I feel so blessed to be food allergy free. I can eat whatever I want, whenever I want. Makes eating out and just cooking in general so easy. I have quite a few family members and friends who aren’t so lucky. Whilst there is a variety of allergies I sometimes have to cater for, the most common one is gluten. Unfortunately for those friends, the gluten intolerance and allergy generates fairly full-on, sometimes hospital inducing reactions. It’s a little more serious for them than the discomfort that some gluten-avoiders get, so every single ingredient needs to be gluten free.

At a recent cousins catch-up Lance and I hosted, I needed to make a gluten-free cake. Now, because I am fine to eat everything, I don’t buy gluten-free flour, and I didn’t want to buy some especially for the occasion. Which led to a decision – make my own gluten-free flour out of things I do buy, like buckwheat flour, rice flour, chick pea flour, or go flourless? I decided to go flourless. This cake does call for gluten free baking powder, which I have as a default. You can leave it out altogether if you need it gluten free and don’t want to buy new baking powder. The cake is already a dense style, so it’s not especially missed, just make sure the whole thing is well beaten whilst mixing.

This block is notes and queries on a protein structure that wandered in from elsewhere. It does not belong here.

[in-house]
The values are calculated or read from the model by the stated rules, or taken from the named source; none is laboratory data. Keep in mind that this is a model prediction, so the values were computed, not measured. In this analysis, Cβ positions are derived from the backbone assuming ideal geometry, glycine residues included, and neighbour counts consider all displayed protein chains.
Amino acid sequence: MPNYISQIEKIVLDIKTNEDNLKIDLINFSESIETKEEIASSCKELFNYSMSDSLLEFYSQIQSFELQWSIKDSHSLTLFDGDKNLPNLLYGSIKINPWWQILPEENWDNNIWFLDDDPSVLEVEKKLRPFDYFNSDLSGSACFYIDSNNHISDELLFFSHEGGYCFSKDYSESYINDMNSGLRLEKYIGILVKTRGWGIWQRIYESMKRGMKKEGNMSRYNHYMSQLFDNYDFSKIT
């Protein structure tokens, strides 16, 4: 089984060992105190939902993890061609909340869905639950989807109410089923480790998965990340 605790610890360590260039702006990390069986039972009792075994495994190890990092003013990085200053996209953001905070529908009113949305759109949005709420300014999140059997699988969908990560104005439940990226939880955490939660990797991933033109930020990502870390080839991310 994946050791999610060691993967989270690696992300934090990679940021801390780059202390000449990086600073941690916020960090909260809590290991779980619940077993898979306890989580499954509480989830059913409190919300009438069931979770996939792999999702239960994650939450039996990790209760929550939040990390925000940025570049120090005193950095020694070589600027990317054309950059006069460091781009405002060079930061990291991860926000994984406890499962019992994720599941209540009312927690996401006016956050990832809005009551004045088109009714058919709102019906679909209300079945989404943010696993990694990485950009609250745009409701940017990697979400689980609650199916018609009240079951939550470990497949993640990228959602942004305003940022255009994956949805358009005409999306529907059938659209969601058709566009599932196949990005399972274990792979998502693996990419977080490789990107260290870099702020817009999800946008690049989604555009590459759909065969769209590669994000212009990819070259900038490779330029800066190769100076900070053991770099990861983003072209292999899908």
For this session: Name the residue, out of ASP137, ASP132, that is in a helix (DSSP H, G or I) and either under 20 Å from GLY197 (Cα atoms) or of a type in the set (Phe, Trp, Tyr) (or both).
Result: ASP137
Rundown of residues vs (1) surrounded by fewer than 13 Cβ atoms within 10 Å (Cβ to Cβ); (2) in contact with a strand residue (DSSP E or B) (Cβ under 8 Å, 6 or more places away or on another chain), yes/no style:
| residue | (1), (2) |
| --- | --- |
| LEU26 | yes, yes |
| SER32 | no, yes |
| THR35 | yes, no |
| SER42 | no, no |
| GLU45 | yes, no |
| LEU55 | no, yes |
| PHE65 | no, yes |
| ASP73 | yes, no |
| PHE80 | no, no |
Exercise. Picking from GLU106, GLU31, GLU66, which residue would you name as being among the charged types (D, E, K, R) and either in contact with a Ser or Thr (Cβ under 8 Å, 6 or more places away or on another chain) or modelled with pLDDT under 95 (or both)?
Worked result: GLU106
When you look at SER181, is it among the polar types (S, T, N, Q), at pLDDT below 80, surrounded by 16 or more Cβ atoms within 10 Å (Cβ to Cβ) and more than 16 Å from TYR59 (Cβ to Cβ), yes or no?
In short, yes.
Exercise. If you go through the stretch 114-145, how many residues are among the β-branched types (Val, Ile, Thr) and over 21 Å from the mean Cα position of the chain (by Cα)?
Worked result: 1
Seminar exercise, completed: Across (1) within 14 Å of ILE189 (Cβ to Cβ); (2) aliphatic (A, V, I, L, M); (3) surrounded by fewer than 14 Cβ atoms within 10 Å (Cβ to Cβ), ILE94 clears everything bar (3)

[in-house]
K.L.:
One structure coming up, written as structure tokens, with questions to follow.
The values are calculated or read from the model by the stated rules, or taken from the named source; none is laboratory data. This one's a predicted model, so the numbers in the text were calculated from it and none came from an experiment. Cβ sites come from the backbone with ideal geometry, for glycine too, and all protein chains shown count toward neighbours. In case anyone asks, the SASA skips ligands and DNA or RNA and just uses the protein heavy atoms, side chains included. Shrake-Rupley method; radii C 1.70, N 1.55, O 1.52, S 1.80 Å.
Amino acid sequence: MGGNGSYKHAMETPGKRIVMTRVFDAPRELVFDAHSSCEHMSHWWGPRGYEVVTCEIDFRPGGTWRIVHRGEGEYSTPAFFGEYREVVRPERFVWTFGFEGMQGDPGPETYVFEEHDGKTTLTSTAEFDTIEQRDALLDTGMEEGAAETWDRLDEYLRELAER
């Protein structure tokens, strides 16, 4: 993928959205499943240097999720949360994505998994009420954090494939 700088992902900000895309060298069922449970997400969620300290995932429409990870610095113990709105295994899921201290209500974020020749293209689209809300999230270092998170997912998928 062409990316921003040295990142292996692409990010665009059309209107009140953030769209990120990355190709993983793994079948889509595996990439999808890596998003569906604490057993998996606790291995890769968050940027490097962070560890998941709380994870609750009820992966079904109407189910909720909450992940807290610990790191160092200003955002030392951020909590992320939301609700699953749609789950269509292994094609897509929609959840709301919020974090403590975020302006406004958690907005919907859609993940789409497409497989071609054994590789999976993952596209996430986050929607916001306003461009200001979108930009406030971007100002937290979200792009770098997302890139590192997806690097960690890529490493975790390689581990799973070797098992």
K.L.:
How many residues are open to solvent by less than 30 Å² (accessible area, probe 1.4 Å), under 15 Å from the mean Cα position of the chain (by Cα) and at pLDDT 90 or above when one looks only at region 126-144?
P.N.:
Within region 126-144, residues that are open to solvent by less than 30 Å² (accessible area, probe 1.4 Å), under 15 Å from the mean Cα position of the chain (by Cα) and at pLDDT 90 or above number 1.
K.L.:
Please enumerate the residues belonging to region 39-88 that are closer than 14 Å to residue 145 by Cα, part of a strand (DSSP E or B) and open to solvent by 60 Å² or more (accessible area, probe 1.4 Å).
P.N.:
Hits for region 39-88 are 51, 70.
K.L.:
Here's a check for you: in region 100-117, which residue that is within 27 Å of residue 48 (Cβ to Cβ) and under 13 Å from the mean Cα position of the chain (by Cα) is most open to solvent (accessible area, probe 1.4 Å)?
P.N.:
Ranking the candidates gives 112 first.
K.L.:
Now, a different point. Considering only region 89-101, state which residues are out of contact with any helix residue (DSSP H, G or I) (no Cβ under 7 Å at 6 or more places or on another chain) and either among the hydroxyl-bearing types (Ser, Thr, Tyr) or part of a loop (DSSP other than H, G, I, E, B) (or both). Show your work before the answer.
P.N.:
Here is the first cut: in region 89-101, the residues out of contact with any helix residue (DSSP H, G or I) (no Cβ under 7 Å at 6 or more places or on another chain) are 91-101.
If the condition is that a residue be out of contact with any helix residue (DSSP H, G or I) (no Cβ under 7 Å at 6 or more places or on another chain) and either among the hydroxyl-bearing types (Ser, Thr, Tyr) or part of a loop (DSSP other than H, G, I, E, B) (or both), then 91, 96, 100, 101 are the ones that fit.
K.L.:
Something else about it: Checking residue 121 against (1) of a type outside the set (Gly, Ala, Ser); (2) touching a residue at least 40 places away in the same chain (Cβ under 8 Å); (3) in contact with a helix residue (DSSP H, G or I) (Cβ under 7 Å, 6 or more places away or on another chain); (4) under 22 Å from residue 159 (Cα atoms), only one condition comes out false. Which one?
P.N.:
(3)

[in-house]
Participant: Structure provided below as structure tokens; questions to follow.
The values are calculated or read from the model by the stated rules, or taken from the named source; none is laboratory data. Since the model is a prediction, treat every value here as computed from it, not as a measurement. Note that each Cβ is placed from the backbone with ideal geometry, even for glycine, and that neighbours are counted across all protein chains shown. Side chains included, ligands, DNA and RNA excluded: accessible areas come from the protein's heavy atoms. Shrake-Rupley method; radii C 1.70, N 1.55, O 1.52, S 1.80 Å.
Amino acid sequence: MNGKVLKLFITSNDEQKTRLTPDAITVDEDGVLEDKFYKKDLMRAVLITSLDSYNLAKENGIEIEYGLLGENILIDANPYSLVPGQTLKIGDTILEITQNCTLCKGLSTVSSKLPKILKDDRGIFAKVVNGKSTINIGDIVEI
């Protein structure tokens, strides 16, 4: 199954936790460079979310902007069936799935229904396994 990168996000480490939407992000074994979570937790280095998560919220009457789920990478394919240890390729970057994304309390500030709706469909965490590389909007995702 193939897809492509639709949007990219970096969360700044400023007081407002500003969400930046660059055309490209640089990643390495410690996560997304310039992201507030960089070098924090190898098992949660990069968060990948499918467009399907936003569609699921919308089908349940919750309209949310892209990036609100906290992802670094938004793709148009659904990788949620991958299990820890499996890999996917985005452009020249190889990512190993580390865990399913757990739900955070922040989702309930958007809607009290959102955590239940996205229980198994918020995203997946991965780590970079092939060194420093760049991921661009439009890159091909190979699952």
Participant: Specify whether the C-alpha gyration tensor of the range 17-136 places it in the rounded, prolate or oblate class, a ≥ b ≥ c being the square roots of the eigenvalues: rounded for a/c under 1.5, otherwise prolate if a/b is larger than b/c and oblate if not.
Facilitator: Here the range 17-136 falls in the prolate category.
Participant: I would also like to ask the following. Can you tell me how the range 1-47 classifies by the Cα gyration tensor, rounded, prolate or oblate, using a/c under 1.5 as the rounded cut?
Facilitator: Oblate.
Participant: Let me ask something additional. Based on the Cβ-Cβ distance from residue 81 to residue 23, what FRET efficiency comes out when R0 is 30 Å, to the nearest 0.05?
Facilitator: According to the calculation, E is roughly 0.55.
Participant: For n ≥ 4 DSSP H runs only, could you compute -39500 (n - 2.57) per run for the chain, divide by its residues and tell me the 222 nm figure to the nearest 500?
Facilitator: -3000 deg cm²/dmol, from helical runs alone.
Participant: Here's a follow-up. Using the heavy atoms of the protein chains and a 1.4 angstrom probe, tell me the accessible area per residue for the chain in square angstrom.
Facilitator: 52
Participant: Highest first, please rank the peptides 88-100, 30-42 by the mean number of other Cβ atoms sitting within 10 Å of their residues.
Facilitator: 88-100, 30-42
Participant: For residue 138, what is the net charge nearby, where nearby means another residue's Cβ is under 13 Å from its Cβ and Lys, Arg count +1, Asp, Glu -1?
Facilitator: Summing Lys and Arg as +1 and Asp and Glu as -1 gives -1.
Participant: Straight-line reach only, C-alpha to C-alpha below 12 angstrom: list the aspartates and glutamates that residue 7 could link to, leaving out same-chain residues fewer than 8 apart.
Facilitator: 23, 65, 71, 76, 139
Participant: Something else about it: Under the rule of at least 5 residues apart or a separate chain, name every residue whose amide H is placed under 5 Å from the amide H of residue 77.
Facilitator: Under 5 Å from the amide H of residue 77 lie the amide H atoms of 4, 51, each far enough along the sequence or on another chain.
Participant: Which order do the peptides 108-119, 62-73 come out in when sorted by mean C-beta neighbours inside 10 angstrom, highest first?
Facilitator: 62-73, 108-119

The pink grapefruit that we planted when we first moved in has had it’s first fruit-bearing season, and I wanted to make a citrusy cake to celebrate this fact. I love pink grapefruit so much! Tart and tangy and refreshing. So good! And seeing as our basil plant clearly hasn’t been informed that it’s actually winter now, and is still growing like crazy and given the success of a previous lime and basil cake (for a cousins catch-up on my side of the family), my flavour profile was decided. I didn’t have enough almonds to make an almond meal cake, so I adapted Nigella’s Lemon Polenta Cake, which uses a mixture of polenta and almonds, and is drizzled with a lemon syrup to make a wonderfully moist cake.